COVID-19 triggered economic losses since the first case was recorded in January 2020. The community quarantine measures imposed by the government severely disrupted business operations and commercial activities and led to a negative impact in our economic performance. For these reasons, the enactment of the Corporate Recovery and Tax Incentives for Enterprises (CREATE) law this year was a welcome development.
The CREATE law aims to provide relief to businesses adversely impacted by the pandemic, and reverse the effects of the COVID-19. Several government officials, business entrepreneurs, and stakeholders touted the measure as a well-crafted law.
The CREATE law offers a three-tier structure of incentives to attract high-value and labor-intensive investments in the country. The determination on which incentives an entity can enjoy and the period of availment will depend on its registered project/activity, location, and industry tier which will be defined in the Strategic Investment Priorities Plan (SIPP). Interestingly, the rule-making power rests upon the Fiscal Incentives Review Board (FIRB) to ensure success of this incentive scheme.
One of the salient features of the CREATE law is the expanded functions of the FIRB. Prior to CREATE, the FIRB’s function was limited to the administration and grant of subsidies to Government-Owned and -Controlled Corporations (GOCCs). With CREATE, the FIRB is now granted vast power which includes policy making and oversight function for the administration and grant of tax incentives; the approval and disapproval of the application for tax incentives or tax subsidies; the formulation of place-specific strategic investment plan; and the cancellation, suspension, and withdrawal of tax incentives and subsidies, among others. The most crucial of these powers are the formulation of the new SIPP which set out the countries’ list of priorities, industries, and the grant of the incentives.
Last June, the FIRB adopted the SIPP drafted by the Department of Trade and Industry — Board of Investment. As envisaged, the framework includes industries that are high-value and labor-intensive investments. Among the industries identified under the SIPP are electrical and electronics, chemical and pharmaceuticals, machinery and transport, agriculture and agribusiness, information technology-business process management, research and development, and artificial intelligence, automation, robotics, and digital technologies. As of date, the draft SIPP has yet to be approved by the President. The implementation of the SIPP is expected to begin in January 2022.
Pending the issuance of the new SIPP, FIRB issued Resolution 5-21 adopting the 2020 Investment Priorities Plan (IPP) as the transitional SIPP. Hence, the list of priority sectors under the 2020 IPP are still eligible for incentives. To streamline the process of registration and application for the availment of incentives, the FIRB introduced the online Fiscal Incentives Registration and Monitoring System (FIRMS). Through this online portal, investors or enterprises can submit and monitor their applications for incentives in any of the investment promotion agencies.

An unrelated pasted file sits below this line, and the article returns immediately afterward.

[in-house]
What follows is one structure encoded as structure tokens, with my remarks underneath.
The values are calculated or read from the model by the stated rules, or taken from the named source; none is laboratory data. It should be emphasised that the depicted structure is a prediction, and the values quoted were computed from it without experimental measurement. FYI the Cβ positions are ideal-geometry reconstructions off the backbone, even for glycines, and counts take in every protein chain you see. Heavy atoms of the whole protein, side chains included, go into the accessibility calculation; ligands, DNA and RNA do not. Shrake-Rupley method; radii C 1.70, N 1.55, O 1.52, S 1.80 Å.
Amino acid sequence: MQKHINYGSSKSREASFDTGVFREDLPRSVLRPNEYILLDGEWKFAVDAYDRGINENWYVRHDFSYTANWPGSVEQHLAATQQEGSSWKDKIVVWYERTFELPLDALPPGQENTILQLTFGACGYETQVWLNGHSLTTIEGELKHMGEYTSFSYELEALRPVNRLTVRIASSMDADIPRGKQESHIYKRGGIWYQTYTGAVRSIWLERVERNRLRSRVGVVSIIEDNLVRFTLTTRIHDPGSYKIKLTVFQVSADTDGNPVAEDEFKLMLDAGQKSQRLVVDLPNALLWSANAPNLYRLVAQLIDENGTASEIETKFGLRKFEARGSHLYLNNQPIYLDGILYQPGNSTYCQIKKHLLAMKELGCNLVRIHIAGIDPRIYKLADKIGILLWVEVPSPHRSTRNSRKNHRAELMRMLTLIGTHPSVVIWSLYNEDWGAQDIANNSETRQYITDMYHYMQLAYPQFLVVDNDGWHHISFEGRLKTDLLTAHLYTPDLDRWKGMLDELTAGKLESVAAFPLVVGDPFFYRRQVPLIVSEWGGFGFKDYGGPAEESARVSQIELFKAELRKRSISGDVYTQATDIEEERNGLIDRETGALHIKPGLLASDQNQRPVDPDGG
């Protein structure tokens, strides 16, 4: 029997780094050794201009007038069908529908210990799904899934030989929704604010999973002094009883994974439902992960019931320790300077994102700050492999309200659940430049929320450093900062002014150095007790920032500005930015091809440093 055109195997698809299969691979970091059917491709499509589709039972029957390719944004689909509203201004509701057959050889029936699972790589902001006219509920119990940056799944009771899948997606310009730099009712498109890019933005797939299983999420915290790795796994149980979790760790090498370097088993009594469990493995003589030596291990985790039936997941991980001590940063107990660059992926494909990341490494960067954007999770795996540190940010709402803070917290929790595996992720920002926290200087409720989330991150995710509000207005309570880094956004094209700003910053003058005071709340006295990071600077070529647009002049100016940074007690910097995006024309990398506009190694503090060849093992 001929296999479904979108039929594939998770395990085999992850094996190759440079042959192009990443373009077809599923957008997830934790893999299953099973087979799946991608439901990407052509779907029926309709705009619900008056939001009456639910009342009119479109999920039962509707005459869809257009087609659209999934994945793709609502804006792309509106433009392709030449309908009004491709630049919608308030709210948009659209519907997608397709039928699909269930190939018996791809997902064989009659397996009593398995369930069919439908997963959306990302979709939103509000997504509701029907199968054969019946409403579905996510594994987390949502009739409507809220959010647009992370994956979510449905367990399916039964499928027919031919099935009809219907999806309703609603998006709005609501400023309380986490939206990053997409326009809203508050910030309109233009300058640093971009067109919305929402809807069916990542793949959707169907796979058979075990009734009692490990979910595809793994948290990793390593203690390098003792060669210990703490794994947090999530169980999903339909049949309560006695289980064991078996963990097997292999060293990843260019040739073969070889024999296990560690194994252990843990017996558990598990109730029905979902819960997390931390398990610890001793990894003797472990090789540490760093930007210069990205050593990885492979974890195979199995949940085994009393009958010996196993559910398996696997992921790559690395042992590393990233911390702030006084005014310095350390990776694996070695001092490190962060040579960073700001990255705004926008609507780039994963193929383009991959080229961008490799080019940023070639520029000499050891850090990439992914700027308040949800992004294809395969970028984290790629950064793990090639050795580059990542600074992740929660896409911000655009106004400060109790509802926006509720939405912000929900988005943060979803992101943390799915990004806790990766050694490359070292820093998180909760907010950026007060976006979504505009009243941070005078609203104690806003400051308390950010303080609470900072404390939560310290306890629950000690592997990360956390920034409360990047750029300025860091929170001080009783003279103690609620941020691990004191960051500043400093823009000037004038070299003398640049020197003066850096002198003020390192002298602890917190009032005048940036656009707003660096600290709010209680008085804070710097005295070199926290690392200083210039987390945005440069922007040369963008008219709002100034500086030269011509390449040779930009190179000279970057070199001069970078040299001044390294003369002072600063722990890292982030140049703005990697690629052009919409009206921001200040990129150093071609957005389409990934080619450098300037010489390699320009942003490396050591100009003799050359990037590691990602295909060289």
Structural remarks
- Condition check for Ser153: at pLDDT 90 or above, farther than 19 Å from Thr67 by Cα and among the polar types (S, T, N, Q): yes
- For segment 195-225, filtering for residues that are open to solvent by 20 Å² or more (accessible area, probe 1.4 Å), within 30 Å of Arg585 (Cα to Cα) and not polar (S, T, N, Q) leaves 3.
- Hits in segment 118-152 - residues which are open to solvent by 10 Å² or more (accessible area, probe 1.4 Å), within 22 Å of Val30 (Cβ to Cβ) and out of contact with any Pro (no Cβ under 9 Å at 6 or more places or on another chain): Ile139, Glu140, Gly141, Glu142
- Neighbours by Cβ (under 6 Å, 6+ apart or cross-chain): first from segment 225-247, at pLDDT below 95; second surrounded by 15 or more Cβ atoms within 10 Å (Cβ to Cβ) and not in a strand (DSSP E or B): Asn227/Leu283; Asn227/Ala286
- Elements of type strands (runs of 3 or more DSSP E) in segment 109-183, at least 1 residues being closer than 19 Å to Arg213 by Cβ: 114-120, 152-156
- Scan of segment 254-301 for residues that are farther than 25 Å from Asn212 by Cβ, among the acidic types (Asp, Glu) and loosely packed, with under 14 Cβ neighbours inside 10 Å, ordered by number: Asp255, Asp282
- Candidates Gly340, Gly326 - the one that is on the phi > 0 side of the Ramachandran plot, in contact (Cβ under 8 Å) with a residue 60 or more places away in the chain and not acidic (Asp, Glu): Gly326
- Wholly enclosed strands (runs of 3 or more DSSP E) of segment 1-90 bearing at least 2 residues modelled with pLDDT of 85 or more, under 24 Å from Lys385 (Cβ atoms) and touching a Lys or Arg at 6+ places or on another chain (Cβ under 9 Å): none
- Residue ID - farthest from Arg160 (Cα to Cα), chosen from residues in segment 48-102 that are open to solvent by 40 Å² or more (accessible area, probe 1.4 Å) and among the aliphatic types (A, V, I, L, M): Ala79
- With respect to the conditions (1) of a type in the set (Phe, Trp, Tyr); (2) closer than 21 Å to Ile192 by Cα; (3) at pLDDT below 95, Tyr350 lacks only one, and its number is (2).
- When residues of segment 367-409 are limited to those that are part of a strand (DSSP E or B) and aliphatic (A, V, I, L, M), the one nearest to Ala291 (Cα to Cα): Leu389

With all these policies in place, we will expect a boost in investments, and economic recovery in the years to come. It must be emphasized, however, that the success still lies with the FIRB. Under CREATE, the FIRB is given the authority to grant tax incentives to registered business enterprises. It may only delegate its authority to investment promotion agencies for registered projects or activities with investment capital of P1 billion and below.
It should be noted that the incentive scheme has its cost, that is, forgone revenue for the government. The Board should thus maximize the benefits from these tax incentives by granting the incentives to qualified target investors only. Otherwise, it will pose a burden to our economy.
To emphasize, the law was crafted not only to encourage investments but also to increase competitiveness of the country in the global market. The FIRB is tasked with the burden of streamlining an SIPP worthy of investors’ minimum investment capital of P5 million and more, which is required to enjoy the special corporate income tax (SCIT) of 5% over 10 years.
Presently, the board is composed of the Secretary of Finance, the Secretary of Trade and Industry, the Executive Secretary of the Office of the President, the Secretary of Budget and Management, and the Director General of the National Economic and Development Authority.
One notable aspect is that the board is composed of presidential appointees. We are uncertain if the present members of the FIRB will retain their posts after the 2022 election. For now, we can only hope that the next set of members of the FIRB won’t be a rubberstamp for the new administration. Notwithstanding, this is a call to the FIRB to stay true to its mandate, and that is, to preserve the legacy of CREATE as a fiscal relief and economic recovery measure.
The views and opinions expressed in this article are those of the author. This article is for general information and educational purposes, and not offered as, and does not constitute, legal advice or legal opinion.
Princess Rexille V. Liboon is an associate at the Tax Department of the Angara Abello Concepcion Regala & Cruz Law Offices.